If you’ve eaten sushi before, you generally know what to expect: raw seafood and, uh, rice? Truthfully there’s so much more to it than that, but that’s the average restaurant patron’s take. So then, what makes the difference between this place and that place and the other? It all comes down to the quality of these two components and the execution in putting them together tastefully.
For those of you that are uninitiated, there are two restaurants, or perhaps schools of thought, when it comes to getting sushi on Franklin St. in Chapel Hill: the Spicy 9 and the Kurama. The Kurama fan appreciates the beauty in a simple thing done correctly. The Spicy 9 fan craves complexity and innovation and always asks for more (don’t worry, you’ll understand these cryptic descriptions soon enough). I won’t lie to you, I am typically of the Kurama mindset and if you had asked me which restaurant I prefer before the 28th of March, I would have instantly answered with Kurama. However, I dined at Spicy 9 on that evening, and now my faith is shaken. Here’s why:
My date and I split the “Pick and Roll” and the “Stop Drop and Roll” (~$15 for 8 pieces, but they are buy one, get one free), as well as the “Rolls Combo” featuring tuna and salmon rolls alongside a California roll ($11 for 20 total pieces). The “Stop Drop and Roll” was filled with fried soft-shell crab, avocado, and cucumber, then topped with a big strip of tuna and drizzled with eel sauce and spicy Japanese-style mayonnaise. The “Pick and Roll” featured tuna, salmon, hamachi (yellowtail), asparagus, and scallion, topped with crunchy tempura flakes and eel sauce. I also had a Kirin Ichiban on draft ($4).
Firstly, the rice here is good if unremarkable. As ridiculous as it feels to type out flowing descriptions of white rice, the minimal number of ingredients in sushi means that each must be perfect. Spicy 9’s rice has obvious flavor but does not overpower, and its texture is solid but tends towards over rather than undercooked. Fortunately it is not gummy or sticky, and instead mushes slightly more than I would call ‘perfect.’ I don’t have a ton of high-end sushi experience, but I do know that sushi is more satisfying when you can chew and notice and taste the individual rice grains in your bite. The temperature of the rice, however, was perfect: experts seem to agree that body temperature is just about right and Spicy 9 nailed it.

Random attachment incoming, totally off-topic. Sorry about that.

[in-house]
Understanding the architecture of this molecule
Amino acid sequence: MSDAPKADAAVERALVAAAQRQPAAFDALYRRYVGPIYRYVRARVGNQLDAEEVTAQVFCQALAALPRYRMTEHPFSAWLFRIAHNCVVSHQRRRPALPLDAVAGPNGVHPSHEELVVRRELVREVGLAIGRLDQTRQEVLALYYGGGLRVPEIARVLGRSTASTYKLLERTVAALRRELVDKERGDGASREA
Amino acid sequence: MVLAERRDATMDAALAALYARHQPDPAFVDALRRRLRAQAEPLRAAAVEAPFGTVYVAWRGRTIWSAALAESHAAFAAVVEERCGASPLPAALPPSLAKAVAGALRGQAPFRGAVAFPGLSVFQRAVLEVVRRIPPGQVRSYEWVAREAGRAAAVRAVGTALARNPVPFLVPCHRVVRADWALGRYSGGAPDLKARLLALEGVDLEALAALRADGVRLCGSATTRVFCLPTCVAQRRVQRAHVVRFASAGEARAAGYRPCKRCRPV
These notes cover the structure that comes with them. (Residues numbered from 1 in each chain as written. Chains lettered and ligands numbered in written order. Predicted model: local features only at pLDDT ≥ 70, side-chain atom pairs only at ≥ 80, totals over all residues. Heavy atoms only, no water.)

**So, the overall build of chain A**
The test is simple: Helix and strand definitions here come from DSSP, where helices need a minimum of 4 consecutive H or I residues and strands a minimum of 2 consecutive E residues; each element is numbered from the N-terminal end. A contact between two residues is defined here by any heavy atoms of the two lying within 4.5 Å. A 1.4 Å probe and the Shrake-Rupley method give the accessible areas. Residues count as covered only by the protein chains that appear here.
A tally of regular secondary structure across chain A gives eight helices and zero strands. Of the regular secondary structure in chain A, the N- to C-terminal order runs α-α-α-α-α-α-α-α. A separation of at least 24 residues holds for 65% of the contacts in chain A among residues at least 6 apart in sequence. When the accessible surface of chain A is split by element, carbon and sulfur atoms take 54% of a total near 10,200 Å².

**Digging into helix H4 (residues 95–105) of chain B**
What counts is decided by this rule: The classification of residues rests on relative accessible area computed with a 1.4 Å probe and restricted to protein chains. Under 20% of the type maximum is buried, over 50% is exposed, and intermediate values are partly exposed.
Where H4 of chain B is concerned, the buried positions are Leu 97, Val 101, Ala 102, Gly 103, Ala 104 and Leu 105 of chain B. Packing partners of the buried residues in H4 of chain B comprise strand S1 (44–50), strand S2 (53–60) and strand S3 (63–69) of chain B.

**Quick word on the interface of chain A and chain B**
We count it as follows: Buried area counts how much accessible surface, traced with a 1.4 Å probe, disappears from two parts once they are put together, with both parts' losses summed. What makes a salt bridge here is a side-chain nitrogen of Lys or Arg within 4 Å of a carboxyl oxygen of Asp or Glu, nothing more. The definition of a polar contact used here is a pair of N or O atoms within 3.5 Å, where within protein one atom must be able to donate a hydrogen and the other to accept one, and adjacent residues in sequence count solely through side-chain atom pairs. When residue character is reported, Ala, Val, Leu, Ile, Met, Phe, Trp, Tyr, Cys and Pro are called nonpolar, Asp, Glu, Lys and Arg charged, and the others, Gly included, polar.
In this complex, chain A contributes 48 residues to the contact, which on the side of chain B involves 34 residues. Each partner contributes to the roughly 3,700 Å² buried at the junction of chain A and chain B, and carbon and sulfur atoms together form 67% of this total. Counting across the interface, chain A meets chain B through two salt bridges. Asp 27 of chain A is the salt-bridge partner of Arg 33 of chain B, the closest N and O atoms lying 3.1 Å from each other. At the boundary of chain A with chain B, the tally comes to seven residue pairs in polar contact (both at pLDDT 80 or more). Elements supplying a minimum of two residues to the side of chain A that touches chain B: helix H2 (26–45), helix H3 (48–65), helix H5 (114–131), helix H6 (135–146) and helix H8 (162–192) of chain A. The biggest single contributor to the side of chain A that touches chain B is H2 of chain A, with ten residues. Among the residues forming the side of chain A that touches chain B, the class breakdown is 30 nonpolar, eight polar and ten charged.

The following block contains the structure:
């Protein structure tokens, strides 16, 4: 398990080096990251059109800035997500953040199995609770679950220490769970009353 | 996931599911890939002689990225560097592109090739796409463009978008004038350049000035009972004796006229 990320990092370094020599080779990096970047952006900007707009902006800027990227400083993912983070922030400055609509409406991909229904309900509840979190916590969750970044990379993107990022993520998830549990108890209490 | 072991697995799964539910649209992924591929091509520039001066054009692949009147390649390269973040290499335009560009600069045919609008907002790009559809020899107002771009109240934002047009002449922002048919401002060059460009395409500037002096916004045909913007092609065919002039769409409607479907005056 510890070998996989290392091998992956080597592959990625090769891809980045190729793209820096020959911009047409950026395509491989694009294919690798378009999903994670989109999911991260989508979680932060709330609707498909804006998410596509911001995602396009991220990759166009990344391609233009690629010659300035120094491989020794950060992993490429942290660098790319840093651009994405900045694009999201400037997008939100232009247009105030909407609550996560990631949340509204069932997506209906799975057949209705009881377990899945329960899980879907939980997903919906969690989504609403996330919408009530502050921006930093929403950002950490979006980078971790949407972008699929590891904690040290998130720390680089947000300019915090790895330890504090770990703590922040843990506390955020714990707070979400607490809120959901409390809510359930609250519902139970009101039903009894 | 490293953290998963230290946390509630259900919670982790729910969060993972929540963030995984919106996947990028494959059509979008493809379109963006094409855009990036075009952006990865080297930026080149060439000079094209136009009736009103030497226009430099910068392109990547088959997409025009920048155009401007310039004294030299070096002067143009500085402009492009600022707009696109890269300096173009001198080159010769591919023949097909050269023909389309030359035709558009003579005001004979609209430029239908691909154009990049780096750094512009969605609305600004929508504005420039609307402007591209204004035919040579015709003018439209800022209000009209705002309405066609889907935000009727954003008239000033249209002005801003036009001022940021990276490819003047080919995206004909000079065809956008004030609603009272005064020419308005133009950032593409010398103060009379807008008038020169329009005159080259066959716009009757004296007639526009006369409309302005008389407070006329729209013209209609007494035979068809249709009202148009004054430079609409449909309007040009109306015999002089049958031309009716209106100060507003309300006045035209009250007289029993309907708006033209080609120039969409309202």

The biggest surprises of the night for me were the simple rolls, and let me bore you with why: my previous meals at Spicy 9 have been good, but I have a bad habit of letting my preconceptions of a restaurant interfere with what I’m tasting. I have this negative attitude towards “American” sushi, where every roll is topped with 10 different things so that you can hardly taste what you’re eating, and before this meal I had basically written Spicy 9 off as an American sushi place. However, that doesn’t mean that I should hold it against them, as the tuna and salmon here were as good as any I’ve had in NC. And you could actually taste the sweetness of the crab in the California roll! Any and all bias I had against Spicy 9 was unfounded once I could taste that their ingredients were high quality, as I could with their tuna, salmon, and California rolls.
The “Stop Drop and Roll” was a great example of a roll that manages to balance the American tons-of-toppings approach to sushi with its delicate Japanese origins. Each component was noticeable and unique, from the crispy crab and cucumber progressing to the smooth avocado, and the big chunks of tuna topping the roll meant its awesome flavor was always present as I chewed. The “Pick and Roll” was a bit of a contrast, in that the roll’s sheer quantity of additions seemed to muddle all of their flavors. The hamachi in particular was delicious, but it was difficult to discern in some bites. Plus, the tempura flake topping was tough to actually balance on the roll. While I thought the “Stop Drop” was a must-try, I thought the “Pick and Roll” was a little ineffective.
Spicy 9 is an affordable and accessible restaurant. While they specialize in sushi, they have just about any quintessential Asian-American dish on the menu as well. Their low-key atmosphere supports date nights as well as catching UNC games at the bar. Whether you are a sushi beginner or know your way around raw fish, Spicy 9 is sure to satisfy. I’m looking forward to returning to Kurama, the other restaurant/school of thought soon as well, so I can’t wait to compare the two with fresh eyes and fresh taste buds.
Nathan Griesedieck is a UNC-Chapel Hill graduate and Raleigh native who works in the transfusion service at Duke University Medical Center in Durham – a true-blue Triangle foodie in every sense of the word(s). He spends most of his downtime either learning and thinking about food, or in his (tiny) kitchen making it for his girlfriend and best friend, Sarah. You can find him on Instagram (@n8greasy).